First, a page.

We asked you to identify only the make and year and cautioned you to look at the front-view photo carefully. The American auto industry went to dual headlights for 1958, so the 1957 Plymouth had a slightly smaller parking light that mimicked the coming style without actually committing to it (federal laws had not completely approved of it yet). Many of our readers guessed 1958 or similar years, but we chose a winner randomly from only those who guessed 1957. We’ve included all the guesses online, where we had more space.
Chosen randomly from the correct entries was the name of Peggy Jones, of North Augusta, who identified the 1957 Plymouth and wrote: “I recognized it because my mother and my father had one. They bought it new, and I learned to drive on it. I drove it a lot. It was a two-tone green two-door hardtop.”
Jones wins a prize from The Augusta Chronicle. Other readers identifying the vehicle were:
AIKEN: Dave Meyer knew it was a 1957 Plymouth because he has always worked on cars.
Steven Mills also guessed the 1957 Plymouth.
AUGUSTA: Doris White figured it was a 1958 or 1959 Plymouth, which looked similar.
Erich Prahl said 1957 Plymouth Belvedere: “I had one a year later, a 1958.”
Calvin Jackson said 1957 Plymouth because he has several vintage autos.
Willie Thomas determined it was a 1957 or ’58, like the car from the movie Christine.
Gary Engen wrote: “I recognized it right away as a 1957 Plymouth, as I had a neighbor during my high school days in Columbus, Ga., who owned one. With a bit of research, I learned that the photo is actually of the 1957 Plymouth Belvedere that was buried in a Tulsa, Okla., time capsule and 50 years later, in 2007, was dug up to reveal the deterioration over the years caused by the water that had entered the buried time capsule.”
Walker Mobley Jr. wrote: “This week’s ‘What Is It?’ appears to be a 1957 Plymouth Belvedere. I believe the 1957 year model was the first year for the dual headlights and probably some other options also. The 1956 Plymouth had only one headlight and the 1958 Plymouth had what looked like a turned-up wing tip-type of front bumper tip. My guess is a 1957 ... final answer. Please keep these coming; they are a very pleasant change from the latest news everywhere.”
Craig Kerins said 1957 Plymouth Fury.
Dr. Dalton E. Brannen said 1957 Plymouth.
Marc Wilson wrote: “My guess would be a 1957 Plymouth Belvedere like my friend John Hayes used to drive.”
Hubert Chastain said 1957 Plymouth Fury.
Larry Wallace said 1957 Plymouth.
Lowell Fritsche said it was a Fury, white with a gold stripe that flares up at the end, with one big headlight and one small: “1958 is when they came out with the dual headlights.”
CANTON, GA.: David Anderson wrote: “Say hello to Miss Belvedere, the 1957 Plymouth Belvedere buried by the city of Tulsa, Okla., in 1957 during its 50th anniversary celebration. The plan was for her tomb, capable of withstanding a nuclear attack, to be opened 50 years later in 2007 during Tulsa’s centennial celebration.
“Unfortunately that tomb was not air- or water-tight, and very soon after her burial, the tomb filled with water. For most of the 50 years she was buried, Miss Belvedere was underwater being consumed by rust. To call what came out of that tomb a rust bucket would be an overstatement because, by definition, a bucket can hold water; ‘rust sieve’ would be closer to her condition.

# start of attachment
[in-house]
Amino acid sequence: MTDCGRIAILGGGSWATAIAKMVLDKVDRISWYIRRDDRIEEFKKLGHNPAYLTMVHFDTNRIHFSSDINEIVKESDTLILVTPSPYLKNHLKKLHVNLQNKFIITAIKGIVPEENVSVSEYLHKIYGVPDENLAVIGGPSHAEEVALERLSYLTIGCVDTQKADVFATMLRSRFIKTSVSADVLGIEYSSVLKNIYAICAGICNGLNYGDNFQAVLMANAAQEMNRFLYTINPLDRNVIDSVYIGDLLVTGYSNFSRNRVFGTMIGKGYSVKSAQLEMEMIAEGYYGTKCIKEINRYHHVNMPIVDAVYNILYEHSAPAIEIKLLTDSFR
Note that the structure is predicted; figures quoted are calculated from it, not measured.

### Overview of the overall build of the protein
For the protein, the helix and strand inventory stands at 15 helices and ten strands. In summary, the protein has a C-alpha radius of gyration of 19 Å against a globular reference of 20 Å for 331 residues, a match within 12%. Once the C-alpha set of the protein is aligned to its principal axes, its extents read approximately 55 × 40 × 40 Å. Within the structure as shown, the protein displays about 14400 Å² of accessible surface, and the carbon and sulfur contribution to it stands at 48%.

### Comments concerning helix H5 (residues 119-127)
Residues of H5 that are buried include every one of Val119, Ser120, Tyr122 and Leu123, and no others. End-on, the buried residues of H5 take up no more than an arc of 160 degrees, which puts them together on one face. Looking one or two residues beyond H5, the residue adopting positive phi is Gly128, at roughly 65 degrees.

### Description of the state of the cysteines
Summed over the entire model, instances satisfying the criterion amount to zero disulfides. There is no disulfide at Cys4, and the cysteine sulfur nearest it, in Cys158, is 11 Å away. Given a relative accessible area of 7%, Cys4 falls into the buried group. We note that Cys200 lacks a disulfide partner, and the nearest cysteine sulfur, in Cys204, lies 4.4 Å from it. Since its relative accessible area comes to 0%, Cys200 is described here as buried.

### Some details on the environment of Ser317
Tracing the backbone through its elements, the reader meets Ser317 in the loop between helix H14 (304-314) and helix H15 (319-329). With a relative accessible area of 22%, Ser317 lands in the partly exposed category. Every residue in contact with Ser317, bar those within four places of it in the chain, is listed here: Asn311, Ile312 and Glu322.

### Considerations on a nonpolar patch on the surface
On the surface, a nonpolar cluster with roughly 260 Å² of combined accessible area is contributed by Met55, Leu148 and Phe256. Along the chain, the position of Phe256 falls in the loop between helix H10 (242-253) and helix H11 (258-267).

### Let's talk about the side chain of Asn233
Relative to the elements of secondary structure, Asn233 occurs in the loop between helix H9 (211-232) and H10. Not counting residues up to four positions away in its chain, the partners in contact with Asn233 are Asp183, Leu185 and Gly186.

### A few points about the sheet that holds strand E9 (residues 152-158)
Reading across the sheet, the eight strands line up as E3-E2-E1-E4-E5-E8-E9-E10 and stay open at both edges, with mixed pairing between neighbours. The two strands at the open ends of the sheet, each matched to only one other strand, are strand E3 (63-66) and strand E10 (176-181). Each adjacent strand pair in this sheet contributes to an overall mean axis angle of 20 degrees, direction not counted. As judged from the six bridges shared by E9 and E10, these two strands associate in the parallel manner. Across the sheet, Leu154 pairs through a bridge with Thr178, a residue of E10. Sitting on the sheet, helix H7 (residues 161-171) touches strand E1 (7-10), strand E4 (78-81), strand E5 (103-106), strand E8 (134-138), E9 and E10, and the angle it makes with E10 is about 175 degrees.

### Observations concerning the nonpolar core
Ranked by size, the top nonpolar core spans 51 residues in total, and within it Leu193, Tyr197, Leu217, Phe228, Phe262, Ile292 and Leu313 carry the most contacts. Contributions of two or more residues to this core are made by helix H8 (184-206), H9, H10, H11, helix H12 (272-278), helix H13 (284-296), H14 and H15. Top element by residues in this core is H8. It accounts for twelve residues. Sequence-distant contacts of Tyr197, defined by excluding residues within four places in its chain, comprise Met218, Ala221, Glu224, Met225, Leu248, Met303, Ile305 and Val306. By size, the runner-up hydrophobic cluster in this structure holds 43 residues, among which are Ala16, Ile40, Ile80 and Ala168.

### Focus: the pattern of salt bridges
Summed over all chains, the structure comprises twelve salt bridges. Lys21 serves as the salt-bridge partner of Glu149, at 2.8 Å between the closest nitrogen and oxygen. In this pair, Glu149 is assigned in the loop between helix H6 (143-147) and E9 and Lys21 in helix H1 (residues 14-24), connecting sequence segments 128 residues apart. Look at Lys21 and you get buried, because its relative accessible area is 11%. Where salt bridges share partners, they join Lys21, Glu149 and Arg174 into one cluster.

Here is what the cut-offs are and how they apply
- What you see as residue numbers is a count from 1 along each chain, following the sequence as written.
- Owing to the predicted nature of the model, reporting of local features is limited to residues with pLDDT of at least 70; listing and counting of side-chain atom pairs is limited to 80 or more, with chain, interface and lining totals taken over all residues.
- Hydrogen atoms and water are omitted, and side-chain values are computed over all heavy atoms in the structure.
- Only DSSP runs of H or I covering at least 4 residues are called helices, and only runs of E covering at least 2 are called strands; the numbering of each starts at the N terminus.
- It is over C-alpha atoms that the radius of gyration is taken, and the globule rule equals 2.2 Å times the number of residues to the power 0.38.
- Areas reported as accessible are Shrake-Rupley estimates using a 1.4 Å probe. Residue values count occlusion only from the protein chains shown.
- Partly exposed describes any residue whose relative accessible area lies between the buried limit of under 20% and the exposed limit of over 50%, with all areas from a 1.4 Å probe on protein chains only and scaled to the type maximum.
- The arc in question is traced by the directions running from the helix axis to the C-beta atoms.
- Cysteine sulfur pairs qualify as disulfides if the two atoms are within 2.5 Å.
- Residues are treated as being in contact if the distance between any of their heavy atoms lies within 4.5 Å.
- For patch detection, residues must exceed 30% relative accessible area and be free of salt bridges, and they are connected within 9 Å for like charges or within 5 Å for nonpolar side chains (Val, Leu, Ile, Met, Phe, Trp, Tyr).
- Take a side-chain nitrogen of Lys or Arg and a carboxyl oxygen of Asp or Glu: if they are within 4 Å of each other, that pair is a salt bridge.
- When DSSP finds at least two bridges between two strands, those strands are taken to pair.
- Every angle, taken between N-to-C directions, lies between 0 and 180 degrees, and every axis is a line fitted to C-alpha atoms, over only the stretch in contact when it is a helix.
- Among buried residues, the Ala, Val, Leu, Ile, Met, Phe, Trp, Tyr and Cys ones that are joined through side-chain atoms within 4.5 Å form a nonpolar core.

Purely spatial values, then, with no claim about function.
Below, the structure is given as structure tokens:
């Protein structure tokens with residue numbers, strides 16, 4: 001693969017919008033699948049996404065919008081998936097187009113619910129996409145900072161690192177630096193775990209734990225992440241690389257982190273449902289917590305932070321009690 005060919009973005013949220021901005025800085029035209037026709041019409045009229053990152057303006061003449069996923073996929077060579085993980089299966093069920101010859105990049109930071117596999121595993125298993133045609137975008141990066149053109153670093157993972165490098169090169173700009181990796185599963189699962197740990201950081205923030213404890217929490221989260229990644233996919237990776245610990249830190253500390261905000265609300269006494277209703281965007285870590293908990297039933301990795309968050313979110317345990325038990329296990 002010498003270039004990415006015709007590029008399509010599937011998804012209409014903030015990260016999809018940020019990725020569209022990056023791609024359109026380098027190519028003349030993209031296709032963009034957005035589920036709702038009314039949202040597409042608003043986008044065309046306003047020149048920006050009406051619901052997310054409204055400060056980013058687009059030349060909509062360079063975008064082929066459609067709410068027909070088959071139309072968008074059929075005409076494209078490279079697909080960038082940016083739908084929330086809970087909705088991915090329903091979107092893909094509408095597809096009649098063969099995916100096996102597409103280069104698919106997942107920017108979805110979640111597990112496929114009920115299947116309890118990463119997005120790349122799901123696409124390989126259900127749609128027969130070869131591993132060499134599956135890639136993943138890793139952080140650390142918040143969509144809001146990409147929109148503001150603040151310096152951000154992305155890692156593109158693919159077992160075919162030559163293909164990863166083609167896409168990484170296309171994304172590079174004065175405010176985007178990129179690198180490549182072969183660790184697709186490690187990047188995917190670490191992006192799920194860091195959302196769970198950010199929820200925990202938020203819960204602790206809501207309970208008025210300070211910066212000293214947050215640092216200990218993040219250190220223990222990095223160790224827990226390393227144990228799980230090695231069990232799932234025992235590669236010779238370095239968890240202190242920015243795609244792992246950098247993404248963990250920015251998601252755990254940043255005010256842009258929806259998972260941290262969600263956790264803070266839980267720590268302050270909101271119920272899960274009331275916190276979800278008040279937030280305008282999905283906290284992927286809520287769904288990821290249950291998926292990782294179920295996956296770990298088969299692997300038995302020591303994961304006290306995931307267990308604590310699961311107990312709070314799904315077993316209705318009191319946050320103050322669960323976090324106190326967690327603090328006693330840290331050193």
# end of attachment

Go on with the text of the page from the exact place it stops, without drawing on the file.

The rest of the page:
“Miss Belvedere was brand new, a beautiful gold and white with coordinating interior and only four miles showing on the odometer. Allowing for the fact that gas might not be the motivating fuel of choice 50 years in the future, a can of gas was buried with her along with a U.S. flag (only 48 stars) and a time capsule (which was water-tight) of local memorabilia. Even noncar people shed a few tears and groans when the cover was lifted off her tomb. Miss Belvedere had long ago given up any hope of rescue.
“The hope, of course, was that the car would emerge unscathed and, with fresh fluids and a battery, she would start right up and be driven away by her new owner, the winner of a contest to guess the population of Tulsa in 2007. That person or the heirs would receive the car. Unless you are independently wealthy, this prize would be the booby-prize and a deep dark hole of a money pit if any type of restoration were to be performed.
“The consensus is that she is too far gone for any type of restoration. Currently located (as far as I can tell) at a safe rust-removal facility in New Jersey, a good deal of the rust has been removed without destroying the underlying good metal and paint. This has, however, left body panels and structural supports tissue thin, and the fear is that even opening the doors could cause a catastrophic weakening or her structural integrity.
“In fact, a plan to replace her chassis with one from a donor car so that she could at least be rolled around on her own was scrapped for fear that the body could not withstand that much handling.
“I do believe that cars have some sort of soul. My wife often said that my 1971 Pontiac GTO hated her because the only time it ever broke down was when she was driving it! As for Miss Belvedere, my heart is still saddened, as I am sure her soul is, that she was doomed to an ill-conceived fate without ever having the chance to bring any joy to someone’s life as their new-car pride and joy.”
EVANS: Jerry Paul said 1957 Plymouth Belvedere.
Bill Harding wrote: “Although it may appear as though we have a muddy ‘Christine’ here, I believe that this particular 1957 Plymouth Belvedere was buried in a time capsule in Tulsa, Okla., and unearthed 50 years later. The car was awarded to the closest living relative of the person who most accurately guessed what Tulsa’s population would be in 2007. The car is now in Hackettstown, N.J., at Ultra One Corp. getting a serious detailing.”
Robert Hoffman wrote: “The auto picture shows a 1956 Plymouth. (Hmmm … I wonder if it has the push-button drive controls?)”